Third, Quantcast.com removes you even further from the data, but gets to the info we really want. (This is kinda like making a good analytics dashboard for your executives to take action on.) The info we care about is what other sites do this site’s visitors visit?

Quantcast works by having publishers install their code on their site, and then tracking the reach. They then do some fancy mathematical mumbo jumbo and figure out demographics etc.

Until the second part can be explained to me in plain English, I’ll be sceptical, but if you need specific numbers for a media buy for that ad campaign (remember our initial goal of ad retargeting?), then Quantcast’s verified publishers are your way to go. (Here’s where I get to say I told you so – my post on data commodification as a trend, which I wrote before seeing how Quantcast works – exactly predicted this type of situation. It also predicted the Compete idea, but I digress.)

So anyways, here are three reports that Quantcast offers, free, to help folks out with their targeting.

First is “Audience also visits,” which is pretty self-explanatory except for the affinity metric. I have no clue what that means.

quantcast 3 Three Approaches To Poor Mans Retargeting

quantcast Three Approaches To Poor Mans Retargeting

Second is “Traffic Frequency,” which other analytics platforms sometimes call loyalty. This is more useful for determining what impact your ads will have – branding campaigns benefit from more loyal audiences, but direct response campaigns do well with drive-by search traffic, often enough. That’s why PPC content pros scrape top search results and check them for adsense blocks, so that they can get cheap search traffic.

quantcast 2 Three Approaches To Poor Mans Retargeting

Third, more distantly related is topics that also interest your audience. This is helpful for finding cheap ad inventory, as where an audience really cares about political sites, for example. Political sites typically monetize poorly, since they’re selling ideas rather than products (Cafepress tshirts/Amazon book links don’t count as effective monetization, sorry).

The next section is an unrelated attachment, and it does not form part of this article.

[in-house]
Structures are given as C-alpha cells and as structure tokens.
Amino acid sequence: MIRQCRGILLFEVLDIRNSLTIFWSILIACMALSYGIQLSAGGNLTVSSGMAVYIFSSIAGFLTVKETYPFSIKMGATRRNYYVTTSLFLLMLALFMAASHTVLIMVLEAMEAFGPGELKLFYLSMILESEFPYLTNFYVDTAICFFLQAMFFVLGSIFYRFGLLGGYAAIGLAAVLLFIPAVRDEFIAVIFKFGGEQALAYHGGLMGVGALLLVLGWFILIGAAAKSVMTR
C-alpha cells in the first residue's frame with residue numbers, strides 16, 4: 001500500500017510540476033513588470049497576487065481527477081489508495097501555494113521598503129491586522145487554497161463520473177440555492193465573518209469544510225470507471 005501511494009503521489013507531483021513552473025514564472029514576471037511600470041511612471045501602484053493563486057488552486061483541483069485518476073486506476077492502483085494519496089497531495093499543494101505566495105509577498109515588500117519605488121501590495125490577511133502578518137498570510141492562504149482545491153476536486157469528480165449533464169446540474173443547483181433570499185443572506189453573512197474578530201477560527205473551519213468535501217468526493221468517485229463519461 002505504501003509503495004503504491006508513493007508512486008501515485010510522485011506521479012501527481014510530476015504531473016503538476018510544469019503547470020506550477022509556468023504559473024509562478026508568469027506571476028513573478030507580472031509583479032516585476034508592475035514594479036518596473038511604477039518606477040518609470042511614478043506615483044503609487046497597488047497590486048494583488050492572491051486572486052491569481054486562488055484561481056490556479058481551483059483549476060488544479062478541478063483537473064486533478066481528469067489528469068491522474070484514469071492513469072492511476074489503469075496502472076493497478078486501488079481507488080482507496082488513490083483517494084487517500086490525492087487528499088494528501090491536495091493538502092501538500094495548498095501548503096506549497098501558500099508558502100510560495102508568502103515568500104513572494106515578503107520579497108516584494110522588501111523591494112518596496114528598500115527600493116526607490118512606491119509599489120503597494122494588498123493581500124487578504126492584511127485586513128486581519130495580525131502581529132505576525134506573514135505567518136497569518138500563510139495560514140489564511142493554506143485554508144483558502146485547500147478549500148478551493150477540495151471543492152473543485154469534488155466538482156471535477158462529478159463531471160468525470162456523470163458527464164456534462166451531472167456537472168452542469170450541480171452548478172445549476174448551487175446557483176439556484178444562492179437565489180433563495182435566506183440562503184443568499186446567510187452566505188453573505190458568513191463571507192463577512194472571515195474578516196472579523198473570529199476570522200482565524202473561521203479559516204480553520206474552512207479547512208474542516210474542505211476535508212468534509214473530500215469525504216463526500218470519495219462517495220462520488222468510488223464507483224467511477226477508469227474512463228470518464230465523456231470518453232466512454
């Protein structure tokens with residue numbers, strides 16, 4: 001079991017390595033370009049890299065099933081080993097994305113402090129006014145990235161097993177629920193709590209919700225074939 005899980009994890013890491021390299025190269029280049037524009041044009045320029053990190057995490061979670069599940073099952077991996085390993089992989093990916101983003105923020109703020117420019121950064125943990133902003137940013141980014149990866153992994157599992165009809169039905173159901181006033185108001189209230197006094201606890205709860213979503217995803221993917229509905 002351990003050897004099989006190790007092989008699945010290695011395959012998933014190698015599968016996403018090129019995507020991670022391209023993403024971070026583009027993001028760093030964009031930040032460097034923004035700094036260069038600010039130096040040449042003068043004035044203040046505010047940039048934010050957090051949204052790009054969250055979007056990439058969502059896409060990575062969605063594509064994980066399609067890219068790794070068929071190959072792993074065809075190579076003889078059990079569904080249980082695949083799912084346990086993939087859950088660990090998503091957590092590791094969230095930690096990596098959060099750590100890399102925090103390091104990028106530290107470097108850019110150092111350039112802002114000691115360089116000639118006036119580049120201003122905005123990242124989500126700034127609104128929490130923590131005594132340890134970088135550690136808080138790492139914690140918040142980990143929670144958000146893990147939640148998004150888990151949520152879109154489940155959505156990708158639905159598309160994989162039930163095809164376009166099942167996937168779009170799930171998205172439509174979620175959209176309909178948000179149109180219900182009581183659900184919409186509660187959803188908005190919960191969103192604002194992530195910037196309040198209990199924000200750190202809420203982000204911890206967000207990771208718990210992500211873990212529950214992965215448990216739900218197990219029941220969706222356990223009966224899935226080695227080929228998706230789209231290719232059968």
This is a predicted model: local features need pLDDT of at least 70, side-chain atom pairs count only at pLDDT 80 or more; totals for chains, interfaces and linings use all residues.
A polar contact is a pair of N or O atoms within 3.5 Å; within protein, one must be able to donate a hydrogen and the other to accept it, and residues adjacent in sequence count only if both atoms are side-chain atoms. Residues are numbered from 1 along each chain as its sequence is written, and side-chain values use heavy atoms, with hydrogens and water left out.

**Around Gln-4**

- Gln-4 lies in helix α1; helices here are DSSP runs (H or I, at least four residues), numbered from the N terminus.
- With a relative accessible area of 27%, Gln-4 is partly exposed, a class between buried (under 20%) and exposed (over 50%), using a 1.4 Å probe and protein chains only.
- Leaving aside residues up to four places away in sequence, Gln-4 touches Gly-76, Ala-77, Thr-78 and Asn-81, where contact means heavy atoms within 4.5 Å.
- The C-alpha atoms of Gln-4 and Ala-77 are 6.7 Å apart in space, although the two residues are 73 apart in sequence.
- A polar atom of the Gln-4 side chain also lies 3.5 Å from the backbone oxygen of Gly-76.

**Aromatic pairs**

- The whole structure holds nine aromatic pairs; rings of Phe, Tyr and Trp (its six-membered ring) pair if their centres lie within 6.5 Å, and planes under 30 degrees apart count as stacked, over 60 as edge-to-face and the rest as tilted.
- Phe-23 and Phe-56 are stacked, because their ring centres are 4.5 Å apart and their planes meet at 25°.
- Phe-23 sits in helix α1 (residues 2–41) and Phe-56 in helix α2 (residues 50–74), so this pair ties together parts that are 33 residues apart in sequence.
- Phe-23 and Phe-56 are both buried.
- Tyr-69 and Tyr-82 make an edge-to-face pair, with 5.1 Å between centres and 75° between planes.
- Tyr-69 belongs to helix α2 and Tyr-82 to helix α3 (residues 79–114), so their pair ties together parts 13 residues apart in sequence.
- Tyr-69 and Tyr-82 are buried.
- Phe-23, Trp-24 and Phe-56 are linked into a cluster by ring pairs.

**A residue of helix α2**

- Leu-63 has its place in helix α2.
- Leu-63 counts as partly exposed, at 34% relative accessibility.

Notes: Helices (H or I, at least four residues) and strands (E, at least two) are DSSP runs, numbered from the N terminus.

quantcast 1 Three Approaches To Poor Mans Retargeting

To conclude, I think that with time, we’ll see greater precision in these tools as well as more meaningful metrics (@Quantcast What’s “affinity”? @Self: How do you tell whether  a link is getting clicked from the spider outbound links report?) and thus greater efficiency with the media buys. As well, I wouldn’t be surprised to see some mergers and acquisitions as folks who can use the data more profitably (superaffiliates and affiliate networks, mega ad agencies etc.) get more closely involved.

I’m trying to rank for “SEO” and SEO blog – speaking of which, swing by and check out my posts!

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16 thoughts on “Three Approaches To Poor Man’s Retargeting

  1. Interesting article, and this would definitely get you started in retargeting.

    I would also challenge your readers to explore the different retargeting providers – most have solutions that are as affordable as the $500 a month fee you would pay to compete, while making retargeting more easy and effective.